Perth-based graduate architect, Johannes Lupolo-Chan won the 2013 CSR Cemintel 9 Dots Award in September last year, scoring himself a 17-day architectural trip to the USA for his innovative yet practical urban dwelling design, the 10x10 The Laneway House.

He shares with us his experiences on and of the tour, revealing the way new and unfamiliar ideas presented by both architects and clients can often create masterpieces.

As a fresh architectural graduate, the opportunities from this grand tour around the United States were limitless. In addition, I had vigorously studied just about all the buildings on the tour’s itinerary during my studies at an American university back in 2011. So to be able to visit each and every one of these buildings would bring intense moments of nostalgia and resolution. Theory and history I had learnt would finally come to life in front of my eyes and all the questions and thoughts I had years ago would be answered.

Tour leader and competition jury member Malcolm Carver introduced this perfectly as ‘the grand architectural tour’ on our first day in Santa Monica. And grand it was – we visited just over 40 buildings and sites, travelling across 16 cities and 10 states in just 17 days, with one-night stopovers and early morning flights/starts to pack in a whole day of visits.

There was a particular emphasis on Frank Lloyd Wright, Philip Johnson, Renzo Piano, Mies van der Rohe and Santiago Calatrava. They each had fascinating stories with their buildings and architectural careers in the US.

Most architects worship Frank Lloyd Wright – but it wasn’t until this tour that I truly understood why. From his original home and studio in Oak Park – where the beginnings of his obsessive attention to detail and need for control are apparent to the juxtaposition between his Taliesin properties in the west (Arizona) and east (Wisconsin), to the breathtaking beauty of Fallingwater – its cantilevering presence over Bear Run made my heart skip a beat.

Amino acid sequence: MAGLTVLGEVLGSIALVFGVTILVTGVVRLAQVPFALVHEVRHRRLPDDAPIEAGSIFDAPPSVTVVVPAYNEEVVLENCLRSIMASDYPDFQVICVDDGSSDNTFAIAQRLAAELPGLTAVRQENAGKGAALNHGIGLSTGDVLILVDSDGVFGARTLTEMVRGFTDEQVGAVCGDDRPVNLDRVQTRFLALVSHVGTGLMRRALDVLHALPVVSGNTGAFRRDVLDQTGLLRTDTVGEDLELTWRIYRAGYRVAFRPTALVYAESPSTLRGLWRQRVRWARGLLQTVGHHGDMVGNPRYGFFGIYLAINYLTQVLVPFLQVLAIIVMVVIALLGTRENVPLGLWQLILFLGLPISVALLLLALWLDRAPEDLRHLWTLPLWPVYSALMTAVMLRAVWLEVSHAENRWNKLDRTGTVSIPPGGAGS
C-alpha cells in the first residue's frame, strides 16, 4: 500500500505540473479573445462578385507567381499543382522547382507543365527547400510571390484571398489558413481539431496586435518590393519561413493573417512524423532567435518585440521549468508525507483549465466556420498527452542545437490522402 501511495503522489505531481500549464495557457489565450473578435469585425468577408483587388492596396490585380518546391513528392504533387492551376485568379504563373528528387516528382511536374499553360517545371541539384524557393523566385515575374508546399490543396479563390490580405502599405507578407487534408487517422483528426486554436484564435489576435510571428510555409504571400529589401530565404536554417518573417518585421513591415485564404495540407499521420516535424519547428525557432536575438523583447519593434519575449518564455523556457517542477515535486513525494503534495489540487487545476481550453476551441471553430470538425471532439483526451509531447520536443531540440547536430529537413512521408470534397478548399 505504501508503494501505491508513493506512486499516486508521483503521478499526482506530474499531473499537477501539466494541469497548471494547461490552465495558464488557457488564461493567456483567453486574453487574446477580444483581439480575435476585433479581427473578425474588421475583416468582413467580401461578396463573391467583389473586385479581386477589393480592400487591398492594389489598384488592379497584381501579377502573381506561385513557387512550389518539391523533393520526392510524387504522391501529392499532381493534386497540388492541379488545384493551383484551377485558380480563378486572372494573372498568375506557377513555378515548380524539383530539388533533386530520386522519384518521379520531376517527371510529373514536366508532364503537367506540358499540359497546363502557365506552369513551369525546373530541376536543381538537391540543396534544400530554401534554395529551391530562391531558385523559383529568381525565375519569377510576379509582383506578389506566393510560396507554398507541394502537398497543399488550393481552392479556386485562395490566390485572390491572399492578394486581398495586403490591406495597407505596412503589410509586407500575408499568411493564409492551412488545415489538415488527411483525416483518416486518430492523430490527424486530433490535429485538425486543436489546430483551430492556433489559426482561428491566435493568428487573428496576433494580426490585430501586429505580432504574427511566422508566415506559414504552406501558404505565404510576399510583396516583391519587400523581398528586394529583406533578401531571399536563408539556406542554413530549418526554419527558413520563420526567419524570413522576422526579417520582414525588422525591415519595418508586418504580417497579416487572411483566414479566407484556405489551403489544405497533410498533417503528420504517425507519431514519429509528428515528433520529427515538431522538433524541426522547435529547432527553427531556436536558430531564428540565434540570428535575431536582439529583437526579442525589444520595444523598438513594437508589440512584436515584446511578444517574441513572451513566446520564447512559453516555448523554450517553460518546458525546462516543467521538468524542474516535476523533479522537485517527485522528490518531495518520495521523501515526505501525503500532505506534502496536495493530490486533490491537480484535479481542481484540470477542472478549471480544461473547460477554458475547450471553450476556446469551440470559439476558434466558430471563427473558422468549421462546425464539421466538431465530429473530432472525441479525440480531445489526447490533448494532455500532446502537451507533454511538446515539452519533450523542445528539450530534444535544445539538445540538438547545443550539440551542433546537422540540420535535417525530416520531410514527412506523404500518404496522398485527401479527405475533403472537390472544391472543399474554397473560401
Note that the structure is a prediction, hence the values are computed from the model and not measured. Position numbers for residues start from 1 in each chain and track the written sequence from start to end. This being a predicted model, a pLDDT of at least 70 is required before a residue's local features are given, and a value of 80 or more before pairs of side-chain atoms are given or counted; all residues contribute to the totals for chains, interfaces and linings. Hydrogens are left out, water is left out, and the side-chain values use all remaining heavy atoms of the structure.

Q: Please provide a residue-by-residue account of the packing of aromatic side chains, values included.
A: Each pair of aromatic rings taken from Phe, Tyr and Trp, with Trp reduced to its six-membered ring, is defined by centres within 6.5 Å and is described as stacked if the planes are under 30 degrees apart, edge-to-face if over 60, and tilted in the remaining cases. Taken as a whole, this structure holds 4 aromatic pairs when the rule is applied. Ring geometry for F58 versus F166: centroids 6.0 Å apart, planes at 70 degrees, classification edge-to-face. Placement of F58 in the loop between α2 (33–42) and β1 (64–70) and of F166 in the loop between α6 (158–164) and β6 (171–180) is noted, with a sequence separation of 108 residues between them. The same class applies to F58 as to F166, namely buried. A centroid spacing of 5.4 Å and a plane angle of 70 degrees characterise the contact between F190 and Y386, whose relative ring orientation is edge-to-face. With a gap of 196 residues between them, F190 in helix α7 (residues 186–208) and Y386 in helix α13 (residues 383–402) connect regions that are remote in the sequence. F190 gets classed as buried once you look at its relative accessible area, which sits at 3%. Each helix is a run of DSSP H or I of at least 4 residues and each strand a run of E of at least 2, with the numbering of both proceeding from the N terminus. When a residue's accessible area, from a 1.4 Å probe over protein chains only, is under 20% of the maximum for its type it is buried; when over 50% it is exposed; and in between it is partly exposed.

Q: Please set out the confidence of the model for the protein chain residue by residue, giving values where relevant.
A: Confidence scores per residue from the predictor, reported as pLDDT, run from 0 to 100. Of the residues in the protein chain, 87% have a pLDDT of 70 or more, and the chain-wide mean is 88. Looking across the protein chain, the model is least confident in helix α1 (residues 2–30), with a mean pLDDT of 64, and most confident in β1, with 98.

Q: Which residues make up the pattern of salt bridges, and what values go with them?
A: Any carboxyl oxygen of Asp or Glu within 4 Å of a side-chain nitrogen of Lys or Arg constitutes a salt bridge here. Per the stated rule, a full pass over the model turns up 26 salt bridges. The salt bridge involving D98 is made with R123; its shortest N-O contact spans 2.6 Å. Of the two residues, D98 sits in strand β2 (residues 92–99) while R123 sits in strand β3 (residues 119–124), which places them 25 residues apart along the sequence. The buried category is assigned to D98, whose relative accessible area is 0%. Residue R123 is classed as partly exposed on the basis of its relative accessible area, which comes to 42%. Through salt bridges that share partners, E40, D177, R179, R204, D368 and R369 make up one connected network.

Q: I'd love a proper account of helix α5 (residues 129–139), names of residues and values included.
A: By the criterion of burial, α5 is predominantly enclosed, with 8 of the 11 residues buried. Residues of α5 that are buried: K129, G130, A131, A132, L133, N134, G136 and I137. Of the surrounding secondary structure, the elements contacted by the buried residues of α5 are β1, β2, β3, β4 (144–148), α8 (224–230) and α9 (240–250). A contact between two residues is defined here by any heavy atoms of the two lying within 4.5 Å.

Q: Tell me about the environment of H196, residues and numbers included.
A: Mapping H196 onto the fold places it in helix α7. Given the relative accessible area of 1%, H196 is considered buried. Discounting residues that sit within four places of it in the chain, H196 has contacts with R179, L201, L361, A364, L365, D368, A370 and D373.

Fallingwater by Frank Lloyd Wright. Image:

His complete control over the design of a house/building, all of the built and loose furniture and even designing a dress for the client to wear inside the house was evident in buildings like Johnson Wax Factory, with the marvellously designed office tables that had pivoting drawers with inbuilt paper dividers, and a custom-made raised bin making it smooth sailing for the cleaners.

The stories of the dialogue between clients and Frank Lloyd Wright were highly amusing, and there was always some evidence of the outcome of disagreements in each of the buildings that produced some quirky details

Mies van der Rohe’s Farnsworth House and Johnson’s Glass House were great juxtapositions to each other and were great sources of debate amongst the group. Farnsworth House sat so elegantly within the landscape – its white silhouette graceful amongst the fall colours of the surrounding landscape. The idea of ‘universal space’ was explored in the house and subsequently at Crown Hall in Chicago. Meanwhile the Glass House spoke a different language – not elevated but cemented in the ground. Its silhouette not white, but black – the corner detailing less resolved than Farnsworth House.

Philip Johnson’s Glass House, New Haven, Connecticut


Mies van der Rohe’s Farnsworth House

Perhaps one of the main lessons I have learnt through visiting and hearing the individual stories behind each of these buildings is that there is always going to be doubt and opposition to a new idea – its unfamiliarity is supposed to create tension between client and architect, or between builder and architect. Many of these buildings were so innovative and pioneering for its time – today they may not be pristine, practical or relevant but they were trying to push the boundaries.

Today’s technology has enabled us to create – Gehry’s Walt Disney Concert Halls extremely complicated stainless steel shell is an example of this. The breathtaking engineering spectacle of the opening of the wings at Calatrava’s Milwaukee Art Museum starts to suggest building as a moving piece of architecture or art.

Frank Gehry’s Walt Disney Concert Hall. Image:

I have taken something away from every building – some more than others, but all very important. The people I have met on the tour – an eclectic mix of architects (practicing and retired), architectural enthusiasts, lawyers, and doctors etc, made the tour even more memorable. Our nightly discussions over dinner and drinks were lively and passionate, and provided interesting and different viewpoints to each building’s positive and negative points.

As a young architect, the tour has instilled many new ideas and has given me a newfound confidence. These buildings have become great reference points for future projects – both as conceptual ideas and the finer details. I have shared some wonderful memories with some wonderful people, who have become great mentors and friends. In conclusion, it has made me realize how lucky I am to be an architect and to enjoy what I do, and hopefully create buildings that others will enjoy too.